Caroline Wozniacki: Tennis Star's Serena Williams Impersonation Wasn't Racist

Mike Hoag@MikeHoagJrCorrespondent IIDecember 13, 2012

LONDON, ENGLAND - AUGUST 02:  Serena Williams (L) of the United States shakes hands with Caroline Wozniacki (R) of Denmark in the Quarterfinals of Women's Singles Tennis on Day 6 of the London 2012 Olympic Games at Wimbledon on August 2, 2012 in London, England.  (Photo by Clive Brunskill/Getty Images)
Clive Brunskill/Getty Images

Caroline Wozniacki, the former No. 1-ranked female tennis player in the world, has been labeled a racist for an impersonation of her rival Serena Williams. It's an international phenomenon that has popped up everywhere in every type of media, including television talk show "The View."

The act in question occurred during an exhibition match in Brazil against Maria Sharapova.

Neither Wozniacki or Williams commented after being contacted by, according to Luchina Fisher of the site. However, ABC did get a reply out of the Wozniacki camp.

“It was all in good fun as Serena is one of her closest friends on tour,” Williams’ representative said.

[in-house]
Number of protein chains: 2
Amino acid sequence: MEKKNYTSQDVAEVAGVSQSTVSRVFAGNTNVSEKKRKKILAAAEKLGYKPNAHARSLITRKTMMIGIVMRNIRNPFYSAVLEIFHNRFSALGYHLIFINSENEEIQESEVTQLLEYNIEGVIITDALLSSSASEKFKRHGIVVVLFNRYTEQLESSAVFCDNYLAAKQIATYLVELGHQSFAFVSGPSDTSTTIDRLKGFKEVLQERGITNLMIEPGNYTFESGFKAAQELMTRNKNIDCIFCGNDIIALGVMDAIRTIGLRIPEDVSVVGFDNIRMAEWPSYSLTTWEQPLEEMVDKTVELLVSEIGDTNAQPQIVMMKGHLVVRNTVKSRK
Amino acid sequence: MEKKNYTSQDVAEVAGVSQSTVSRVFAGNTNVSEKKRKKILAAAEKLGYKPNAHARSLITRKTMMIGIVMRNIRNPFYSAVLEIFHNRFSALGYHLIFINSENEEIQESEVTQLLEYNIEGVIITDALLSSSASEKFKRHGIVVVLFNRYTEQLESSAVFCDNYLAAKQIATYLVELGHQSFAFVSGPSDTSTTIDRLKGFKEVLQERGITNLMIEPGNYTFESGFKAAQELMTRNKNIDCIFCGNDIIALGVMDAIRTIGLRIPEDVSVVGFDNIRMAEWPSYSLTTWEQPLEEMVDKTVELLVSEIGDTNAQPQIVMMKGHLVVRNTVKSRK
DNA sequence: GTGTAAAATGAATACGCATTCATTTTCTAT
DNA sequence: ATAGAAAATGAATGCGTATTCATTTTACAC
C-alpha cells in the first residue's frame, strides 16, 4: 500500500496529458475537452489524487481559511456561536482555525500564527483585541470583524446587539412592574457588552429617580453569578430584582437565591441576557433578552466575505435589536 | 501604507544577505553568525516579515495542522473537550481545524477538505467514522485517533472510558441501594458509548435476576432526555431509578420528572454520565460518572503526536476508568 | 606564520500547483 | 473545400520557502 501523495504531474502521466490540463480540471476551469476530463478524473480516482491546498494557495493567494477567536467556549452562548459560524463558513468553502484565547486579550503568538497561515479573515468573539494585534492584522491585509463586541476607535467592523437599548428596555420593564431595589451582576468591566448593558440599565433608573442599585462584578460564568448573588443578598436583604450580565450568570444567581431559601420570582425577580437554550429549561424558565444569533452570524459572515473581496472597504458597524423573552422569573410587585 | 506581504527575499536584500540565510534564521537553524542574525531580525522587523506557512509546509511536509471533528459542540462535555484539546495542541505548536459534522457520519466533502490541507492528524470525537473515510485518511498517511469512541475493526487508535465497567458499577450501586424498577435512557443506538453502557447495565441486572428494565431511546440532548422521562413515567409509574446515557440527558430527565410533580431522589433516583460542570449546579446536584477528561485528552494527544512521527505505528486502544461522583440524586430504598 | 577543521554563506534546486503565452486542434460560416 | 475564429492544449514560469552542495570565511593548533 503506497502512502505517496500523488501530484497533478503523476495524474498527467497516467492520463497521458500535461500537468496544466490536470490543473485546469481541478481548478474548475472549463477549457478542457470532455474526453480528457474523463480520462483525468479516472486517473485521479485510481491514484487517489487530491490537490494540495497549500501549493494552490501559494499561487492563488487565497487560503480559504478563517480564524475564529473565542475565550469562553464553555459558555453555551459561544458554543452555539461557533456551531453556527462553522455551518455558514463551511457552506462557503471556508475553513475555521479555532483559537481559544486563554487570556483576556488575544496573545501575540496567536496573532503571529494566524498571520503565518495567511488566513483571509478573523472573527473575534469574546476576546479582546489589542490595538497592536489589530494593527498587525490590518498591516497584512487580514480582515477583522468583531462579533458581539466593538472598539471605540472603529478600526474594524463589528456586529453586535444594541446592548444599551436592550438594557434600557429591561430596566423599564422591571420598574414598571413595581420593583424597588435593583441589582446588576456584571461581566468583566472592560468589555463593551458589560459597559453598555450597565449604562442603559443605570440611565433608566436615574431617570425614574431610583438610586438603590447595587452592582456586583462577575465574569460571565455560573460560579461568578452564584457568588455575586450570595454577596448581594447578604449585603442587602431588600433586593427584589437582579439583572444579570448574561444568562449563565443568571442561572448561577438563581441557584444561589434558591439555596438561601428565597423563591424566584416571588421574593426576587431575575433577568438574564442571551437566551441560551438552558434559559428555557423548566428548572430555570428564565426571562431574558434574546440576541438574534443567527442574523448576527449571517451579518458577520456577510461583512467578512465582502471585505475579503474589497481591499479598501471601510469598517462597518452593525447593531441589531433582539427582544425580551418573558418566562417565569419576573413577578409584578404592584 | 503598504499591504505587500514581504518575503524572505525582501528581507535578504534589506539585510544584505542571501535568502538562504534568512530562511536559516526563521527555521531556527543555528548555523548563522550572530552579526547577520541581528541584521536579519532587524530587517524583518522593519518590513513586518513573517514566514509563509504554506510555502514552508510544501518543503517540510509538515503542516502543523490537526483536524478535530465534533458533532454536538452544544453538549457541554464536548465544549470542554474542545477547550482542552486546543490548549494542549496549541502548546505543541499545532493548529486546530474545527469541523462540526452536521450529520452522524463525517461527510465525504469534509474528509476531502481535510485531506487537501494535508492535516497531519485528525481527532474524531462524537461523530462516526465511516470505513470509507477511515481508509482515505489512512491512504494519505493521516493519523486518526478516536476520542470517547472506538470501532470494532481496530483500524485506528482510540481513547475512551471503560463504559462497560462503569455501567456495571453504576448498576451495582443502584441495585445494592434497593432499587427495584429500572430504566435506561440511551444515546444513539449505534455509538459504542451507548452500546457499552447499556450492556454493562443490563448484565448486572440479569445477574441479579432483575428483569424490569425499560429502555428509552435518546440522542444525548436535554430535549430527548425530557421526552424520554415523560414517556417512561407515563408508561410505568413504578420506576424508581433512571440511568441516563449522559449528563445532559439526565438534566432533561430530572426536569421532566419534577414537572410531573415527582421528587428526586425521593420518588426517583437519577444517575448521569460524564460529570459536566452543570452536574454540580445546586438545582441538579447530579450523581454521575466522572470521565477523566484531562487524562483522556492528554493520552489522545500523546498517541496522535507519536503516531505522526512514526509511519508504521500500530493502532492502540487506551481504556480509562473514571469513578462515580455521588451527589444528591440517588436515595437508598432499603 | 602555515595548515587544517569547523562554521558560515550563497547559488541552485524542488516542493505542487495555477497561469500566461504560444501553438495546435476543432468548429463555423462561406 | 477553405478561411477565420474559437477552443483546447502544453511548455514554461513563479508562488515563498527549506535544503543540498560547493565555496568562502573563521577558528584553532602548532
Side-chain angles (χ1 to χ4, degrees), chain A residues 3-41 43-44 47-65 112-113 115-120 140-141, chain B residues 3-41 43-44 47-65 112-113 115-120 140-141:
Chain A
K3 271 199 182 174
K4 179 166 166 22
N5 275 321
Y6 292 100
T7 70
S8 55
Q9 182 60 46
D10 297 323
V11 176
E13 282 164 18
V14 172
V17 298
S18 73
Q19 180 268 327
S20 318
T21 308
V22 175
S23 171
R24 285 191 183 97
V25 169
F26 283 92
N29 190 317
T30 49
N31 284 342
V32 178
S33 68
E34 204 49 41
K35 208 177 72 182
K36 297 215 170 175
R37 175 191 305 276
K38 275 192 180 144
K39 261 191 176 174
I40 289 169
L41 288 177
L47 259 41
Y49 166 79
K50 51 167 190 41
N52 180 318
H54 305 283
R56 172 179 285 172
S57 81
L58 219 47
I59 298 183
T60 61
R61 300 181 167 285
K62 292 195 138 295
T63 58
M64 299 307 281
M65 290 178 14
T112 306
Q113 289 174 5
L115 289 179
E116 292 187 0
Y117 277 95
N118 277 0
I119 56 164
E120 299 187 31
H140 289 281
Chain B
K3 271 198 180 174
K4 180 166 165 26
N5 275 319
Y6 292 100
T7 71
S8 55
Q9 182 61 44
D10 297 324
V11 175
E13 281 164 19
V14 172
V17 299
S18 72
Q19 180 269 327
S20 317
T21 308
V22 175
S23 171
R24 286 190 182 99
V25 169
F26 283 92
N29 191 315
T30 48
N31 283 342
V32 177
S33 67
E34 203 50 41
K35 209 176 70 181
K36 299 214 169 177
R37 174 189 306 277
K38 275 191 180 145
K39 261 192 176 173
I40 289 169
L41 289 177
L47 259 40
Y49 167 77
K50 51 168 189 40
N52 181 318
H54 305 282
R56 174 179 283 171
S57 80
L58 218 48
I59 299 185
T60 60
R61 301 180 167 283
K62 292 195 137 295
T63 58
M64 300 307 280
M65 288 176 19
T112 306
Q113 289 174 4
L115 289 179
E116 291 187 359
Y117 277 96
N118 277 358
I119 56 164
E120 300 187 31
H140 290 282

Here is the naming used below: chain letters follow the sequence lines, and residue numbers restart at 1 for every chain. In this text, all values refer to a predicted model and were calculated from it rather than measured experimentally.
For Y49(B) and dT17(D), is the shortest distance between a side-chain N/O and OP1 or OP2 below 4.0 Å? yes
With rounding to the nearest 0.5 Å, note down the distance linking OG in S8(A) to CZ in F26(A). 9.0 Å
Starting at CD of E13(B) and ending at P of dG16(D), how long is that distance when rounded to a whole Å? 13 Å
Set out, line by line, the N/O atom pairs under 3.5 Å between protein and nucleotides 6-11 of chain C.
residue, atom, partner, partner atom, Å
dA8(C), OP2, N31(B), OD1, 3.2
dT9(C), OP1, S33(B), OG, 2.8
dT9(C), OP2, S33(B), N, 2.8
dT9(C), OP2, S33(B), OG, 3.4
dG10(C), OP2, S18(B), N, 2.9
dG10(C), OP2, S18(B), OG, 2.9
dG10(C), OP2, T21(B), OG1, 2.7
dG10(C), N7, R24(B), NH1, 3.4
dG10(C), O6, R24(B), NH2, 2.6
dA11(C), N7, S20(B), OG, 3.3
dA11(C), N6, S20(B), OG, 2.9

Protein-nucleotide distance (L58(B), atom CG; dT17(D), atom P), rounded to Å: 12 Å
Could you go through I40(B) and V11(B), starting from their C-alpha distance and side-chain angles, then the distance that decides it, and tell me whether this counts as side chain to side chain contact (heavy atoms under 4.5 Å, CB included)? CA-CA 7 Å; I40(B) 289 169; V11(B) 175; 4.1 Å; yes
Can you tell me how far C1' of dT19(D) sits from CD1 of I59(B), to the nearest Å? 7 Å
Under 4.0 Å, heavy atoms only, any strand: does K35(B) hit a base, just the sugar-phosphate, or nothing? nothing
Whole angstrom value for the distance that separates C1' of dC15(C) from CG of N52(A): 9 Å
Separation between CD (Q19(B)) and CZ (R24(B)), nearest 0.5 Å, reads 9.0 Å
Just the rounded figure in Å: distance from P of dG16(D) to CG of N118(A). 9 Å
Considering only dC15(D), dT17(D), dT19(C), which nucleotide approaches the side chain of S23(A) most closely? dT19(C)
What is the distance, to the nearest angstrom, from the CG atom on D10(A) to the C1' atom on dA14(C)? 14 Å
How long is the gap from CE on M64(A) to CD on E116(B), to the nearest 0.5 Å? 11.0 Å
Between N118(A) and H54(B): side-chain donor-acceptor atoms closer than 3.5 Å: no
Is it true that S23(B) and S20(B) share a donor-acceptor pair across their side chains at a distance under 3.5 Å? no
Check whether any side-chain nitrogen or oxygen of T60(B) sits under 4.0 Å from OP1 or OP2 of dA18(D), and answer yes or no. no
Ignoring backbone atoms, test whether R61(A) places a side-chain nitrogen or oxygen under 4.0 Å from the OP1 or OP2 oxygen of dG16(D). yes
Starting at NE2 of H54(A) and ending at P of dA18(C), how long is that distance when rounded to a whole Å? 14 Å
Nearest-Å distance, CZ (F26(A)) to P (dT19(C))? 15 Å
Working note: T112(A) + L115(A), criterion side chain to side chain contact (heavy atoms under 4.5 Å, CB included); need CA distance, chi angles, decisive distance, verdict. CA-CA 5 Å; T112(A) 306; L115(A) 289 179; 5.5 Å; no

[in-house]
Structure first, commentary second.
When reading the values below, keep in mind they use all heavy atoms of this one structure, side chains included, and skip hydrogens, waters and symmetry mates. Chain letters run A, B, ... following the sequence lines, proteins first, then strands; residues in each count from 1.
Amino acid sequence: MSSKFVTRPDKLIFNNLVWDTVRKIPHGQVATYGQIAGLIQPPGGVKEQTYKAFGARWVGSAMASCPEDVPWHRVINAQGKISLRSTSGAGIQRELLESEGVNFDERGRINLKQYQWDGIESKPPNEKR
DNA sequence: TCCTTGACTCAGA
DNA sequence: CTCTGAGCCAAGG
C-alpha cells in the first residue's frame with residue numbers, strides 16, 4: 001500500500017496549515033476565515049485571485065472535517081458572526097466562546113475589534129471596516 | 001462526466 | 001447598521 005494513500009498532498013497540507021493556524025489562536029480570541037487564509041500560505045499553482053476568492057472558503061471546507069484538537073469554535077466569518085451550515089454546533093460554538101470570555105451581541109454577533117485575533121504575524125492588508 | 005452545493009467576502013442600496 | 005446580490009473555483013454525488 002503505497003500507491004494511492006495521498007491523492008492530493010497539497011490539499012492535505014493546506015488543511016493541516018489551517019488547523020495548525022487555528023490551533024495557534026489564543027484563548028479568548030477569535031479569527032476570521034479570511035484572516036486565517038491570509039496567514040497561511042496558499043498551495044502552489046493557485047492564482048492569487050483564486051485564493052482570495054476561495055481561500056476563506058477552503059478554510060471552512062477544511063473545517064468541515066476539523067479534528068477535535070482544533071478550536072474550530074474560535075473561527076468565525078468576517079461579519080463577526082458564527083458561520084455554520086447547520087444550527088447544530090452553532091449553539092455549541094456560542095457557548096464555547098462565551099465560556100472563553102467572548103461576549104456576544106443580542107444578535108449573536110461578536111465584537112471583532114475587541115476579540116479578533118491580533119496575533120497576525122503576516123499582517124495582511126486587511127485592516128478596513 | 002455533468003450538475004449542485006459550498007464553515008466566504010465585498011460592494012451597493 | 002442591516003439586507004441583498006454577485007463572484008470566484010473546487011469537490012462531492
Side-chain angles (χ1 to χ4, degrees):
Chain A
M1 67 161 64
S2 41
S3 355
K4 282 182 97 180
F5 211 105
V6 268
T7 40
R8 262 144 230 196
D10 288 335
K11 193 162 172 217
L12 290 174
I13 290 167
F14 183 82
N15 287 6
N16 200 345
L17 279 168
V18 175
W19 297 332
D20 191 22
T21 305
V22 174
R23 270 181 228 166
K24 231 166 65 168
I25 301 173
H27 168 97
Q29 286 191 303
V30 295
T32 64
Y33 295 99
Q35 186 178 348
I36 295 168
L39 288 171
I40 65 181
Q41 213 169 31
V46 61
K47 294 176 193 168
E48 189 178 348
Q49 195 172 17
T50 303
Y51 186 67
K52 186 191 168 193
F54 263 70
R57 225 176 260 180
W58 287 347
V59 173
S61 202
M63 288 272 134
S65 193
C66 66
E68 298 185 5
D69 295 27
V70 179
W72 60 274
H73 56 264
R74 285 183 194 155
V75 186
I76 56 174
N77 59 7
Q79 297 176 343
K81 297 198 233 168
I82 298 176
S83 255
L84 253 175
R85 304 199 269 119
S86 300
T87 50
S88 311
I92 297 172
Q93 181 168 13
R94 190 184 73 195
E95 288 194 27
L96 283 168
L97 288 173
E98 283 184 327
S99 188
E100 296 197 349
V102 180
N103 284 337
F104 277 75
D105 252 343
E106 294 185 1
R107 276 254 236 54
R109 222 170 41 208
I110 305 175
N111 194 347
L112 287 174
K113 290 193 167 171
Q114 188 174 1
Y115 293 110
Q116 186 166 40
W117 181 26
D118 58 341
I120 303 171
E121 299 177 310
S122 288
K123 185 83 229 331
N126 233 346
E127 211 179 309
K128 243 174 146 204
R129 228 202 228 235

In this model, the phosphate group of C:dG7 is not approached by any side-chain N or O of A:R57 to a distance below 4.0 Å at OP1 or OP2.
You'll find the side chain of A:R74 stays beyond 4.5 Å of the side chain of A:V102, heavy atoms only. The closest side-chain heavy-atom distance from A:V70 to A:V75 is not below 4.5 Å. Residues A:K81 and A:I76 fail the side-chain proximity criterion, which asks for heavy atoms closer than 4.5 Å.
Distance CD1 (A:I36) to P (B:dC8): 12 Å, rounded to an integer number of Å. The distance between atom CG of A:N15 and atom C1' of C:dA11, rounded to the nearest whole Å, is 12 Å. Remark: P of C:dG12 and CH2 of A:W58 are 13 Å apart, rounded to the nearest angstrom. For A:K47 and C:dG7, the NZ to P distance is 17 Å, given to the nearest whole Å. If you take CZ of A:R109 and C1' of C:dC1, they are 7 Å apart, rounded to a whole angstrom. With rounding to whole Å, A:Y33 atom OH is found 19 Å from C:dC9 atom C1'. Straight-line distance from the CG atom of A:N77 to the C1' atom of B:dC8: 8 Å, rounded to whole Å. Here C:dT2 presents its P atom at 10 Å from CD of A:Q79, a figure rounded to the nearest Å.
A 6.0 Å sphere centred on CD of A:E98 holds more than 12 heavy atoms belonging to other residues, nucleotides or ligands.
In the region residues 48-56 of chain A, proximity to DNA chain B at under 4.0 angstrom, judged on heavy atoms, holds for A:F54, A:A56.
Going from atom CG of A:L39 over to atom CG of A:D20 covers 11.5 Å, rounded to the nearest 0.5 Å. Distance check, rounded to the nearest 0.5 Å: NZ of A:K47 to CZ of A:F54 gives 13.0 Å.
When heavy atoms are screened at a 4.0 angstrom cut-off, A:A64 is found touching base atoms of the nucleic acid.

Wozniacki is very close friends with Williams and was poking fun at her friend. She wasn’t making a statement about her friend’s race or ethnicity. She was acting humorously like many tennis players around the world do. They poke fun at one another like most all of us do.

This isn’t the first time she’s done it, either. What was different about her publicly poking fun at her friend this time that wasn’t present the last time it happened, in 2011?

As human beings we are all on this planet together. Our circumstances and history may not be the same, but we should all agree that humor is an essential part of life. It helps make us human.

What happens when a person stops being able to laugh at him or herself?

Sure, Wozniacki could have displayed better taste and sent a picture privately to Williams if she wanted to make a joke. But in this new digital world that photo could be duplicated and spread around the world just as quickly as a television broadcast, even if it had been intended for a more private audience.

As public figures, everything these athletes do is open to scrutiny. Wozniacki is not above that, but shouldn’t be subject to the same negativity as people with malicious intent behind their actual racist feelings and expressions.

After all, if she did not understand that she would cause harm with her actions, she is not morally to blame. However, offended parties have every right to interpret events from their own perspective.

In a perfect world, we would all understand one another and strive to keep everything in good taste. Context is everything.

Wozniacki’s impersonation of Williams was a joke between friends, it was insensitive, it was of bad taste and it was made with no malicious intent.

It was a lot of things, but it wasn’t intentionally racist.